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Passionate Brahms, nimble Beethoven, a few surprises and plenty of charm from conductor Paul Haas at the Tacoma Symphony concert

Post by Rosemary Ponnekanti / The News Tribune on May 6, 2013 at 10:34 am with No Comments »
May 6, 2013 10:34 am

It’s good to be surprised at a symphony concert. Too often we’re given the same old pieces delivered in the same old way – but not Saturday night at the Pantages Theater. Following conductor Paul Haas – the second candidate for the Tacoma Symphony’s musical director position – the orchestra pulled out surprise after surprise, from an unprogrammed piece to lushly unified strings in Brahms’ fourth symphony to Haas’ own debonair, rock band-style introductions.

“I like surprises,” said Haas, by way of introduction as the concert began, after laying on the flattery about Tacoma’s beautiful scenery and people – and then proceeded to show us just what he meant. Instead of the first piece on the program (“Strange Attractors,” by Tacoma native Alexandra Bryant) the audience was instead surrounded by a vaguely medieval, vaguely Vaughan Williams-esque soundscape, with woodwinds calling like birds from the stage, the balcony and the back of the audience. It was a piece by Haas himself, who’s a respected composer and also known for unconventional symphonic programming both in New York, where he’s the founding director of Sympho, and Northwest Arkansas, his other directorship position. The blurring and bending of Monteverdi fragments into a dreamlike whole was, in fact, a smart move: It showed off Haas’ composing chops plus his penchant for focusing on the “energy” of a program, and it also gave a soft, approachable opening to Bryant’s rather more awkward, aloof imagination.

“Strange Attractors” was actually premiered in Tacoma in 2010 by the youth symphony. The playing Saturday night was far more skillful, but the piece still sounds like a newly-fledged compositional grad student testing her wings. The wildness of the fluttery, opening motif soon launched into a Stravinsky-like pizzicato, with ominous Bartok brass. And while the unusually-colored wind solos were subtle and strong, the tuttis lacked good orchestration and sounded, despite the players’ efforts, weak.

Then came Stephanie Leon Shames for Beethoven’s symphony-like Third Piano Concerto. Shames does a lot of collaborative and chamber work, and it shows in her highly sensitive interpretations that fit perfectly in this piece where the orchestra is a whole lot more than just the back-up band. Rather than wolfing down the virtuoso runs and arpeggios she invested them with a listen-for-it articulation, reaching deep into the key bed for a wealth of timbre that was commanding if not loud. Her juxtaposition of blurry pedaling and excessively dry staccato was offputting, but her cadenzas were fluidly virtuosic, and her expression in the second movement ineffably sad.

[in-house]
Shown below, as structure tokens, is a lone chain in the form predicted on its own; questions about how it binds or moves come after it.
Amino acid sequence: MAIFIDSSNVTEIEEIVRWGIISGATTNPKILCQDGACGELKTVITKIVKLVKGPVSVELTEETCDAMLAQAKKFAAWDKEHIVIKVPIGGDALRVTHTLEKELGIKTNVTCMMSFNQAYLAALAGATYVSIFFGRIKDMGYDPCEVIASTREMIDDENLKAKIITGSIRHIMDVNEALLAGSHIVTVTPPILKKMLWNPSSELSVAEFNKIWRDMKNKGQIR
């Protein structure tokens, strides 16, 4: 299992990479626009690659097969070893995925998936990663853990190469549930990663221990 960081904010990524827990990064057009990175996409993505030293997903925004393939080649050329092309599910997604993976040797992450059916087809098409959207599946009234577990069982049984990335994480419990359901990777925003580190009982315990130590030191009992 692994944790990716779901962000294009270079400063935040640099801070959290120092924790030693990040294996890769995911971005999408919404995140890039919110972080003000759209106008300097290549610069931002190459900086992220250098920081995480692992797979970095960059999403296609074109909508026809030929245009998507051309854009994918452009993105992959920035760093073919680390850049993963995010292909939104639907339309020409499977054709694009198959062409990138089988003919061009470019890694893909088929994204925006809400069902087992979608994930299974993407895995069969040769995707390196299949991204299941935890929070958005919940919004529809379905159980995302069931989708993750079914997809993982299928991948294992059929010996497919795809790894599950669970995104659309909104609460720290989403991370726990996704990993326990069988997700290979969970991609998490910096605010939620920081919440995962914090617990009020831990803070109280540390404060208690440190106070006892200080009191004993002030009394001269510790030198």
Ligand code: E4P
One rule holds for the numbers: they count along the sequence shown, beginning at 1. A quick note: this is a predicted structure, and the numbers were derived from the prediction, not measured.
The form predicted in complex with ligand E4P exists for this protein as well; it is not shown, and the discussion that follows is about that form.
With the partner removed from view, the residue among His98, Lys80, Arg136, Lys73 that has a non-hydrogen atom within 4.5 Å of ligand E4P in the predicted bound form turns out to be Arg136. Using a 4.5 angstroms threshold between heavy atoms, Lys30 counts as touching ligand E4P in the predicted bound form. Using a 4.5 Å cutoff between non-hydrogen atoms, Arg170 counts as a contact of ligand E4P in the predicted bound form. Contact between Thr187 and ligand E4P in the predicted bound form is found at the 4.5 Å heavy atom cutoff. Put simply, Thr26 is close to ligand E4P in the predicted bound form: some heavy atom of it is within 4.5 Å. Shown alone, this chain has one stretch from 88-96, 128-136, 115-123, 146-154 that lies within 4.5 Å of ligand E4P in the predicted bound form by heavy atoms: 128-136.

Haas did his best to pull the orchestra into the heights and depths of dynamic that Beethoven requires (and saved Shames after one early entry), and though the ensemble wasn’t tight the spirit was admirable.

But it was Brahms’ Fourth that Haas had clearly put his back into, and under his direction the strings sounded like a completely different orchestra: wholehearted, full-bow playing with impressive sound even from the back of the violins and clear, passionate cello section solos underscored by majestic basses. Unfortunately, Haas didn’t seem to pay as much attention to the wind coloring, but everyone was responding to his deeply emotional gestures and broad architecture, with fine results: a stormy first movement that filled the hall; a lullaby second movement filled with vocal violin thirds and lovely woodwind duos; a fiercely humorous third movement and a threatening fourth with a heart-wrenching flute solo and a mighty finish that drew the usual standing ovation.

Through it all, and in the post-concert Q-&-A, Haas led the audience along like a suavely charming rock star, declaiming Brahms’ love of beauty and reeling in applause and wolf-whistles like a younger David Bowie. With his dramatic movements and Californian, feel-the-love manner, he’s definitely surprised a lot of Tacoma symphony folks. But if he can make all new audience-goers feel like the lady who was still swooning at the Q-&-A, and if he can make the string section sound that big and polished, he’d be an asset to Tacoma’s music scene.

The TSO has finished its season, beginning the 2013/14 one with the third conductor candidate Kevin Rhodes on October 26. The new musical director will be announced soon after the fourth candidate visits in November. For more information, see tacomasymphony.com

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